Dialogue Commission to Publish 'From Conflict to Communion'
For the first time, Lutherans and Roman Catholics at the global level have worked together to tell the story of the Reformation as part of their commitment to deepen Christian unity.
The publication From Conflict to Communion will be published this month by the Lutheran – Roman Catholic Commission on Unity. The commission is mandated by The Lutheran World Federation (LWF) and the Vatican’s Pontifical Council for Promoting Christian Unity (PCPCU) to facilitate the global ecumenical dialogue between the two Christian World Communions.
LWF Assistant General Secretary for Ecumenical Relations Rev. Dr Kaisamari Hintikka said the publication From Conflict to Communion: Lutheran–Roman Catholic Common Commemoration of the Reformation in 2017contributes to strengthening the commitment to work for the visible unity of the Church. It will be presented to the LWF Council at its meeting this June.
“After centuries of mistrust and prejudging between Lutherans and Catholics, we see this [publication] as a great opportunity to reflect together on the burdens of history, and to open more possibilities for witnessing together, not just as individual Christians but as Christian churches,” Hintikka said.
The publication takes into context the 500th anniversary of the Reformation and the 50th anniversary of the Lutheran-Roman Catholic dialogue in 2017. It builds on important ecumenical milestones especially the Joint Declaration on the Doctrine of Justification (JDDJ).
Hintikka emphasized that writing together From Conflict to Communion has been possible because of the process of deepened mutual understanding between Lutherans and Catholics that led to the JDDJ.
LWF and PCPCU representatives jointly signed the JDDJ on 31 October 1999 in Augsburg, Germany, officially declaring that mutual condemnations at the time of the 16th century Reformation do not apply to their current teaching. Other ecumenical partners’ follow up to the historic agreement include the Methodists’ affirmation of the JDDJ in 2006, and the publication The Biblical Foundations of the Doctrine of Justification (2011).
“Through From Conflict to Communion Catholics and Lutherans confess that they are responsible for the fracturing of the unity of the Church. At the same time the document sets the remembering of the Reformation anniversary as a possibility for new efforts both in healing of memories as well as in restoration of Christian unity,” Hintikka said.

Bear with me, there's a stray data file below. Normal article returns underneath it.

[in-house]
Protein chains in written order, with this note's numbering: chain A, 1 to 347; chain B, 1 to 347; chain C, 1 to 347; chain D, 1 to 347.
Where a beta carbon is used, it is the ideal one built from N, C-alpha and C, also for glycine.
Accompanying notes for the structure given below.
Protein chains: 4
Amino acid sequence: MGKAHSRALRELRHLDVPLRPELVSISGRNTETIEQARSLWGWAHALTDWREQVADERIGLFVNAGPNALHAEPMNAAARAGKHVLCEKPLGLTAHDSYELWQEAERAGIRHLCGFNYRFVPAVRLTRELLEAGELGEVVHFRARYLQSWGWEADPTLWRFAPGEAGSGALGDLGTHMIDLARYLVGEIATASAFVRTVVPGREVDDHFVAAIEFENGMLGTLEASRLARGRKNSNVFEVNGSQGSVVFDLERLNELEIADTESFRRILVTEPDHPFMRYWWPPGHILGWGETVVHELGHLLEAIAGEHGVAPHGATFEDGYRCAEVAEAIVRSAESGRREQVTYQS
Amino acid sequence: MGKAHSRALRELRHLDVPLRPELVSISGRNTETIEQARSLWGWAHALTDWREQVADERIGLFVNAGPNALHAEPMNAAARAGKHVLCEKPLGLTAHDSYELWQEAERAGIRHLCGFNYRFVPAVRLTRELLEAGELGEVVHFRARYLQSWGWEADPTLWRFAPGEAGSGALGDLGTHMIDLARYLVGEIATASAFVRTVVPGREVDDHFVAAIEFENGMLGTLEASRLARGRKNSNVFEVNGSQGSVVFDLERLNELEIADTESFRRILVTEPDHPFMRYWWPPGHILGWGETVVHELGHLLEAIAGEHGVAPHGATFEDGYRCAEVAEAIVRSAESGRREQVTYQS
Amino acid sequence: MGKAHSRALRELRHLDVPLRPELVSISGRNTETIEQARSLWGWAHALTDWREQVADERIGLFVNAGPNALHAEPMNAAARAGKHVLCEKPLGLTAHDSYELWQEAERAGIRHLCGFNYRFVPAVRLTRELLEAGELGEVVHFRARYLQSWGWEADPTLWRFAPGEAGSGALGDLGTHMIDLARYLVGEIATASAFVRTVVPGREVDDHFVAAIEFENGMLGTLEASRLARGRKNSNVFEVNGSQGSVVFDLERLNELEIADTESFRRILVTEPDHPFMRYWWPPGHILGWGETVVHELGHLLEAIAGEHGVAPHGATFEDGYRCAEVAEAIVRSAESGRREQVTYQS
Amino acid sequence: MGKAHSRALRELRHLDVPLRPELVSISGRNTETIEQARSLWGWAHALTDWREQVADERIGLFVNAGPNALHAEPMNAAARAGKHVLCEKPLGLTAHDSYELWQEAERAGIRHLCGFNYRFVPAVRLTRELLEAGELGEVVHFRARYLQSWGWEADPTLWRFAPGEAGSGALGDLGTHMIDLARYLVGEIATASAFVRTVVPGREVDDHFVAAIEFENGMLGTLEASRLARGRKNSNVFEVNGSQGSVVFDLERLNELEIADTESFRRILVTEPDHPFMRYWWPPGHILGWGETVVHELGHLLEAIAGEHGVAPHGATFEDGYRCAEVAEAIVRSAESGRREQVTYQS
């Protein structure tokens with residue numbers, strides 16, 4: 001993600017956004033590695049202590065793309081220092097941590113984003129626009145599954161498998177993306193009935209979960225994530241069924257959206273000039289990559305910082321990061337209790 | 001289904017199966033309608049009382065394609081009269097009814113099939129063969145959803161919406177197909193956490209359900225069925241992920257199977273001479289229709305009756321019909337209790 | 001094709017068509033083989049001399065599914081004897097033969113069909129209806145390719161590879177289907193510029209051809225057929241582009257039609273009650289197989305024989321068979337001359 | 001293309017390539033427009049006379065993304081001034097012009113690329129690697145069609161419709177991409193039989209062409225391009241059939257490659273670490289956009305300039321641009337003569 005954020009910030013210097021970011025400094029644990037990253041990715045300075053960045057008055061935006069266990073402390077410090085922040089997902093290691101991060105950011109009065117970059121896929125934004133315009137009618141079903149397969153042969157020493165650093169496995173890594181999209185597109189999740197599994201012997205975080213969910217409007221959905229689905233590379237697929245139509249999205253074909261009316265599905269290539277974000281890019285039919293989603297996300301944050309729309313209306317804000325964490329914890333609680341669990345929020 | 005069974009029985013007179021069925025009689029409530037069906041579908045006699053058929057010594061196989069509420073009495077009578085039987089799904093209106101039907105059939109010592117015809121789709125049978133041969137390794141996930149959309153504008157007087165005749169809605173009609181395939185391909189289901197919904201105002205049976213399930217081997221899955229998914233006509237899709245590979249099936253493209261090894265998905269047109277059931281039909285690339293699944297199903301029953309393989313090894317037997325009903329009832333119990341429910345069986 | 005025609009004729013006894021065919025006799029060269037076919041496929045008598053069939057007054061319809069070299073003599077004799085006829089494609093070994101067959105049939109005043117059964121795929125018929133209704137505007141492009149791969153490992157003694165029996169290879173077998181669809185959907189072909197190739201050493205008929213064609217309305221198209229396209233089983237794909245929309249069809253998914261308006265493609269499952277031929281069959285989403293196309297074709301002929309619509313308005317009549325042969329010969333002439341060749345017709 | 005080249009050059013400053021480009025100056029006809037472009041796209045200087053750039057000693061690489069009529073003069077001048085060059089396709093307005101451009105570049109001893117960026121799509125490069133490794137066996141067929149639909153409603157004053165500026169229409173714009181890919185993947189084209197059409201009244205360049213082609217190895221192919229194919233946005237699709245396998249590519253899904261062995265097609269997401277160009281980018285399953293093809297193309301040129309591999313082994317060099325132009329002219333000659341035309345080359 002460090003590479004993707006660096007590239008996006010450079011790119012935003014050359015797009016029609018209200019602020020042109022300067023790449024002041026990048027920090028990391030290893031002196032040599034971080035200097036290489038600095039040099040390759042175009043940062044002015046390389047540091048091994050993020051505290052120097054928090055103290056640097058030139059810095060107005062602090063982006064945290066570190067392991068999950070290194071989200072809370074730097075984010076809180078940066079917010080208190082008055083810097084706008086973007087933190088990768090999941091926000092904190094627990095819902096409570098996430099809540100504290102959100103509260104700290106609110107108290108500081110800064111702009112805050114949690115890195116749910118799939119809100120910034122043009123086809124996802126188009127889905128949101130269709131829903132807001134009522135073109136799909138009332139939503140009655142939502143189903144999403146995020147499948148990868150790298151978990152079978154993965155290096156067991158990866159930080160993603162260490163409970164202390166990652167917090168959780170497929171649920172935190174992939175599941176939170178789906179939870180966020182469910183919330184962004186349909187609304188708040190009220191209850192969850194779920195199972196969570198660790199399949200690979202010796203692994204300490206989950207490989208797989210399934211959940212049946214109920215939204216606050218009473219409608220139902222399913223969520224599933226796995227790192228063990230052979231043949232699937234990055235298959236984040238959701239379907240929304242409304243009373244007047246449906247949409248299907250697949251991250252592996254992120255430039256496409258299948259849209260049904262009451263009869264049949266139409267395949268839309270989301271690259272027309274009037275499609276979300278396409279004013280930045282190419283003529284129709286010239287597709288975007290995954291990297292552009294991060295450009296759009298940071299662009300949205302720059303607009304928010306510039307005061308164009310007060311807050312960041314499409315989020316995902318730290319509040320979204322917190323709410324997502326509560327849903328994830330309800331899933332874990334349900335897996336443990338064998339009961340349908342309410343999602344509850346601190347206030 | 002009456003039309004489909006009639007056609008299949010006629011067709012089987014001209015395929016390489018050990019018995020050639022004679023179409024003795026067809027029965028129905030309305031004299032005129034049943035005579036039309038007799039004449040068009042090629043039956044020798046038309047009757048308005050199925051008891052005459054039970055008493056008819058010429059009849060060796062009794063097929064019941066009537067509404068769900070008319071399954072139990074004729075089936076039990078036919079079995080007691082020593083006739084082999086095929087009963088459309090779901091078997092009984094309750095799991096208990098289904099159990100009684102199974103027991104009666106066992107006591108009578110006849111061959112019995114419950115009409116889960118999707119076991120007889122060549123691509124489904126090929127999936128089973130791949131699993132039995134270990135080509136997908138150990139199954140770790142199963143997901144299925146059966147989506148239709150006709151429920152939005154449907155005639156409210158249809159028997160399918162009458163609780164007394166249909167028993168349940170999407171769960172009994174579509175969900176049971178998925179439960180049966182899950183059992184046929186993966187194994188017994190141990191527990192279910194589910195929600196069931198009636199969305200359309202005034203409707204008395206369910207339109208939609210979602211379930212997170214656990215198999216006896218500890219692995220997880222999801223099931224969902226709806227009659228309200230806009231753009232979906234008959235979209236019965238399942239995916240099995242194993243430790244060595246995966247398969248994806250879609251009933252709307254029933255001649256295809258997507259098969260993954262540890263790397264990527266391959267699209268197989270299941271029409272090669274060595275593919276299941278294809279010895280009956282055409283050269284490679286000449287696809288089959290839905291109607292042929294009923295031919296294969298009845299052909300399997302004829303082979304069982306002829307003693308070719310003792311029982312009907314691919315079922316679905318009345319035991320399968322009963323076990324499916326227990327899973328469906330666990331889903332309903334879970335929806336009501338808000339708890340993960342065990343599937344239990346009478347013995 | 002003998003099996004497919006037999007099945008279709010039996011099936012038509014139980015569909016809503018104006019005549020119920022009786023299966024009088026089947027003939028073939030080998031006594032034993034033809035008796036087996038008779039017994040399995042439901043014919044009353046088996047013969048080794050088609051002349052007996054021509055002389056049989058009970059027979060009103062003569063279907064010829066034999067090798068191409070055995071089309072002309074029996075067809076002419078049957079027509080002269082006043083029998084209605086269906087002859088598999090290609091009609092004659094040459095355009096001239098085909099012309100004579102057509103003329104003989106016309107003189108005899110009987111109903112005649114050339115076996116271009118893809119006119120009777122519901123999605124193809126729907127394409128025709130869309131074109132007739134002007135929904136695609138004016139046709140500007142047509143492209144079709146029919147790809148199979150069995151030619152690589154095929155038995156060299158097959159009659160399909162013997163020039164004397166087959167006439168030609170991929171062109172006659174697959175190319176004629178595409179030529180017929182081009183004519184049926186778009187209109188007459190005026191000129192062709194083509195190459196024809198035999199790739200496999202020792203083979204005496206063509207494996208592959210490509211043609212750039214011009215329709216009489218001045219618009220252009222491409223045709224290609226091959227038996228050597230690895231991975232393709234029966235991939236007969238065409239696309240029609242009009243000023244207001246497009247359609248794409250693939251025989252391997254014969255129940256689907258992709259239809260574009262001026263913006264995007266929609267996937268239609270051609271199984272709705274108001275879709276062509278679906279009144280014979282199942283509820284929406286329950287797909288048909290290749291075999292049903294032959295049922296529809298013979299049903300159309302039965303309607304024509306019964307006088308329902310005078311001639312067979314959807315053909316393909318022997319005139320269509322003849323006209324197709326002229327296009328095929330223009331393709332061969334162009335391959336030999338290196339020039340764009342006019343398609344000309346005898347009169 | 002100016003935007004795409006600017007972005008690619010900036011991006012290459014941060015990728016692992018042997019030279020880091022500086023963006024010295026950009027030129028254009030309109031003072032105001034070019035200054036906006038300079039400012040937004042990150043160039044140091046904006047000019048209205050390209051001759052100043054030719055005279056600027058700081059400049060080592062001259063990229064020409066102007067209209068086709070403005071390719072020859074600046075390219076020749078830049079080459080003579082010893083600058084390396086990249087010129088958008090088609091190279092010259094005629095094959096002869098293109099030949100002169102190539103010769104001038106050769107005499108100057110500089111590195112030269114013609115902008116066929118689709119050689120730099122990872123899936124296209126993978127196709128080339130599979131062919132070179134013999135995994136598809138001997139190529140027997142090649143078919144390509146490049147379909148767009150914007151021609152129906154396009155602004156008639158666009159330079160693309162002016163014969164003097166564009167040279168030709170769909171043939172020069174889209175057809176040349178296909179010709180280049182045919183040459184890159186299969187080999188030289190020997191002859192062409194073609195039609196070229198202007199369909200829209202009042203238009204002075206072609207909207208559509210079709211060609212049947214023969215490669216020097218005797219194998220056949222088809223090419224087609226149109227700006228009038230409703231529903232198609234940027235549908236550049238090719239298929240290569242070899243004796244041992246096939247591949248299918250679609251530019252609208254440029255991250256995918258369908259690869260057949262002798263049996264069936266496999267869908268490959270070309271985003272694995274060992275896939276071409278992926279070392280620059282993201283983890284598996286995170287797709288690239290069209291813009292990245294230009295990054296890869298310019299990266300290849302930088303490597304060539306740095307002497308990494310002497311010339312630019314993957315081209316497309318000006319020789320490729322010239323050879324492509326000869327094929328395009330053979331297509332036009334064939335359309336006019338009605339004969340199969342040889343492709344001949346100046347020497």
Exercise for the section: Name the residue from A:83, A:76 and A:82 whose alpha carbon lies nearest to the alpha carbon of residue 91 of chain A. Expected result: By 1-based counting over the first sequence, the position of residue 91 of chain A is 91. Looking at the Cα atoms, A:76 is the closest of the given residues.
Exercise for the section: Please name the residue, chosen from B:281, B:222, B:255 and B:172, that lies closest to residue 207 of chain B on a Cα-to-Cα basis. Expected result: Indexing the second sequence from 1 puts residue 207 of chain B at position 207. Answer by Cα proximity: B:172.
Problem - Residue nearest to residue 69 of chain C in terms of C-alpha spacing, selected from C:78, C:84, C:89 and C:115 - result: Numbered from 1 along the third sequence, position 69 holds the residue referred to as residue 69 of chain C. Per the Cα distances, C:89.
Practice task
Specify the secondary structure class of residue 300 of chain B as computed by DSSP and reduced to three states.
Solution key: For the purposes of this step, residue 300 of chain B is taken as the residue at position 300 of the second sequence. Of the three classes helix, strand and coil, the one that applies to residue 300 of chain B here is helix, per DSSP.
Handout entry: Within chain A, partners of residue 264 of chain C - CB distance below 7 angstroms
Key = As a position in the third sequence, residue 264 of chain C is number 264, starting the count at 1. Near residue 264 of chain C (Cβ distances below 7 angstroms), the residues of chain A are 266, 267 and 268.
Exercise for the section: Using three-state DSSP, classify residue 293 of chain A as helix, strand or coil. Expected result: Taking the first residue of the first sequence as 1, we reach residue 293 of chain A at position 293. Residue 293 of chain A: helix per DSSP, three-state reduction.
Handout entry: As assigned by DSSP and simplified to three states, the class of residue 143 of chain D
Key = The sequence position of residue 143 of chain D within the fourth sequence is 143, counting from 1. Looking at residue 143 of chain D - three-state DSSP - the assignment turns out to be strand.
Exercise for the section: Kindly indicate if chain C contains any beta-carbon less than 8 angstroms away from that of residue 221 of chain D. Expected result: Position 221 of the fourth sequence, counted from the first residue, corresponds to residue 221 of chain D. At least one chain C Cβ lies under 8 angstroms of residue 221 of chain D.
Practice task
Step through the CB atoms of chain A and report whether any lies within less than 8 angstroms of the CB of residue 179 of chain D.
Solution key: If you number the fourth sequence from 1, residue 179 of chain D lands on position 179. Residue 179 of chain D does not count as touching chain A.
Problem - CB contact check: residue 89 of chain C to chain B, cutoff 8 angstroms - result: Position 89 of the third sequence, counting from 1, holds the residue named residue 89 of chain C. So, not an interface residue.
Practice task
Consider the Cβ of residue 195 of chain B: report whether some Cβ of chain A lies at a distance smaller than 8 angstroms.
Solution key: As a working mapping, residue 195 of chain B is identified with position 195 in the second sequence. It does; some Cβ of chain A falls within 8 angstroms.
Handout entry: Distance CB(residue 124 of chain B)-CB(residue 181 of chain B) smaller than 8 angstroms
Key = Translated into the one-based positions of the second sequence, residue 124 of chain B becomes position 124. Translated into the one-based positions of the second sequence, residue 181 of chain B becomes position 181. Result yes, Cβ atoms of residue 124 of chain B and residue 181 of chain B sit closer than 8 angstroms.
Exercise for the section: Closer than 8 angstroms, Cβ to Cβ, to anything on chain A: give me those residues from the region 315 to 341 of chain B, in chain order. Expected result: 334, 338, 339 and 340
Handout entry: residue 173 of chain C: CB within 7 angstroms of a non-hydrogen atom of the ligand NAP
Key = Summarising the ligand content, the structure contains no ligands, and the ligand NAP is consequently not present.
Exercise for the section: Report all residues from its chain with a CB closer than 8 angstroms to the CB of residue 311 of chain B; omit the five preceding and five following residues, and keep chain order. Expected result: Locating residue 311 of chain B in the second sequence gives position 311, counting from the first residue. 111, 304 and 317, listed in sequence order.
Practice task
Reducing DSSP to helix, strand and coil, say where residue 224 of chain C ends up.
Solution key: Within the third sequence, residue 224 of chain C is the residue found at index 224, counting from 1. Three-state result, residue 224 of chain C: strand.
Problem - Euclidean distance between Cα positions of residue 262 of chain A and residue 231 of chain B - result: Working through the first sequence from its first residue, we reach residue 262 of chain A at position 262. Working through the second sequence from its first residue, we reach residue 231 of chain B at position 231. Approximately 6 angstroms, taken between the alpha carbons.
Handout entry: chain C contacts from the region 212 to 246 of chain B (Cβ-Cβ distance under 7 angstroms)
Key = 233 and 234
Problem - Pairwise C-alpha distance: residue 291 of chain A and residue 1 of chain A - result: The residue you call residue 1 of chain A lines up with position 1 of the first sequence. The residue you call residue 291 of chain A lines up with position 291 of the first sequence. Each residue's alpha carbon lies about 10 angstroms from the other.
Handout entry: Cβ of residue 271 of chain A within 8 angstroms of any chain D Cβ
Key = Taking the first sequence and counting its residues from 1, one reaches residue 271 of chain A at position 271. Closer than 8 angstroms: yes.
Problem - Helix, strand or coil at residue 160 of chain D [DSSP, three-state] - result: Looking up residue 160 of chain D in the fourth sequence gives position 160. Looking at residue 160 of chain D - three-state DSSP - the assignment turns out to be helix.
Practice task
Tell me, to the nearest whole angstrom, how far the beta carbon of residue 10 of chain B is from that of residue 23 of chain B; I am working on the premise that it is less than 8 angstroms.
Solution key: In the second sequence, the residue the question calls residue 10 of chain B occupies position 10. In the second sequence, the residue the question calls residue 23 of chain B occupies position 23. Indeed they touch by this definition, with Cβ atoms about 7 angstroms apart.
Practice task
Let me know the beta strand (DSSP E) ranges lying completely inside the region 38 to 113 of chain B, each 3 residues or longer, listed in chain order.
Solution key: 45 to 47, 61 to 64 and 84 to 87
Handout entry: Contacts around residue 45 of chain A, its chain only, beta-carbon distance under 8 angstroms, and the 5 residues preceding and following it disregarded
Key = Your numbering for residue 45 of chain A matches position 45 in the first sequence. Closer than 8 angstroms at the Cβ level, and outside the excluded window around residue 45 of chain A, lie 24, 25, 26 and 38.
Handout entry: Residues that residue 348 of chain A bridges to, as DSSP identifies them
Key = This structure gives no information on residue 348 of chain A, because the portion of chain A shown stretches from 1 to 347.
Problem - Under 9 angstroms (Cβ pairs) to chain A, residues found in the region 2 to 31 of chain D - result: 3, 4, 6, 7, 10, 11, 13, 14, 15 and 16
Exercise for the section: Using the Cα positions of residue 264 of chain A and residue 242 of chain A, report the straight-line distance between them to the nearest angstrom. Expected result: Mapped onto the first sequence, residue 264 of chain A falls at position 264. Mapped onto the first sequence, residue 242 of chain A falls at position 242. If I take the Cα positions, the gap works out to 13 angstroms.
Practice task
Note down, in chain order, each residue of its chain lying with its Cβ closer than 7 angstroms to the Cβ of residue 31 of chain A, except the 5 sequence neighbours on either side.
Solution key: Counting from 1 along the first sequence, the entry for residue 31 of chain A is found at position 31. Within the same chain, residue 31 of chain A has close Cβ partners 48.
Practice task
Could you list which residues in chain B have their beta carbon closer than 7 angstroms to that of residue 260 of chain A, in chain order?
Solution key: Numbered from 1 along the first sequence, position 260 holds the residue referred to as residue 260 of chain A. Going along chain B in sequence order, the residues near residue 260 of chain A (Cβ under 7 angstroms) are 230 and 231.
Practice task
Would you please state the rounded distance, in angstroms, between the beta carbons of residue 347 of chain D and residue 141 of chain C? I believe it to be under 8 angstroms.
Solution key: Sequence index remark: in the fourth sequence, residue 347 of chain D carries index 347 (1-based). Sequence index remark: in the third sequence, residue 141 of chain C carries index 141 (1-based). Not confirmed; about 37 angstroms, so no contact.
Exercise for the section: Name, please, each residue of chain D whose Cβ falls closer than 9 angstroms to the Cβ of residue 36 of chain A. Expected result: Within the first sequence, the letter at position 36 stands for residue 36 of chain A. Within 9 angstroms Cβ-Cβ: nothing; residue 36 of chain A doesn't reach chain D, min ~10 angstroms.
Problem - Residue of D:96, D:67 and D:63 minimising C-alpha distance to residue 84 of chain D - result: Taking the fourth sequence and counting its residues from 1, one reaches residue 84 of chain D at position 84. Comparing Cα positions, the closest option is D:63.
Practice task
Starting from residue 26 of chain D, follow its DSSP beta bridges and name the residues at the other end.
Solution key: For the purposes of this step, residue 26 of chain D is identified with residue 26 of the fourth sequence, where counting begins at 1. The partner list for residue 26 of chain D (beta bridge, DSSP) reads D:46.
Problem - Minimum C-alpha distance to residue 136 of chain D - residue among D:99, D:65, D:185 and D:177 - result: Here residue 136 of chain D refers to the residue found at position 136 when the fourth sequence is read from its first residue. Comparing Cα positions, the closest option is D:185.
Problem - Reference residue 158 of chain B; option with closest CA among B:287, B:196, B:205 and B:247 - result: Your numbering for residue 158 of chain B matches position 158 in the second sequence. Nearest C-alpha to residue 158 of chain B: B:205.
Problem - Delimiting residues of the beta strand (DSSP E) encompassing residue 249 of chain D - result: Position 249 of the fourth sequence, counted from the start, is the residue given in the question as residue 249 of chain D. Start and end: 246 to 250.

She emphasized that though a challenging task, one of the opportunities of the 500th anniversary will be to broaden the understanding of the ownership of the legacy of the Reformation beyond churches of the Reformation.
“The insights of the Reformation were so powerful that they not only significantly shifted the theological and spiritual understandings but also challenged the prevailing perceptions of structures of societies and the self-understanding of human beings,” Hintikka said.
Within the LWF, the Reformation anniversary will also invite discussions on Lutheran identity, spirituality and theology, she added.
Topics discussed in From Conflict to Communion include the Reformation commemoration in an ecumenical and global age; basic themes of Martin Luther’s theology with a view to the Lutheran–Catholic dialogues; and emphasis on five ecumenical imperatives for the relationship between Catholics and Lutherans as they commemorate 2017 together.
The publication offers LWF member churches an opportunity to “learn not only about their own historical and theological roots but also about our relations with the Catholic church—why they have been on the one hand so challenging and on the other hand so important for us to reflect on,” Hintikka concluded.
The full text of the publication From Conflict to Communion will be released on 17 June at a joint LWF-PCPCU press conference during the LWF Council meeting in Geneva.
Source: lutheranworld.org (May 8, 2013)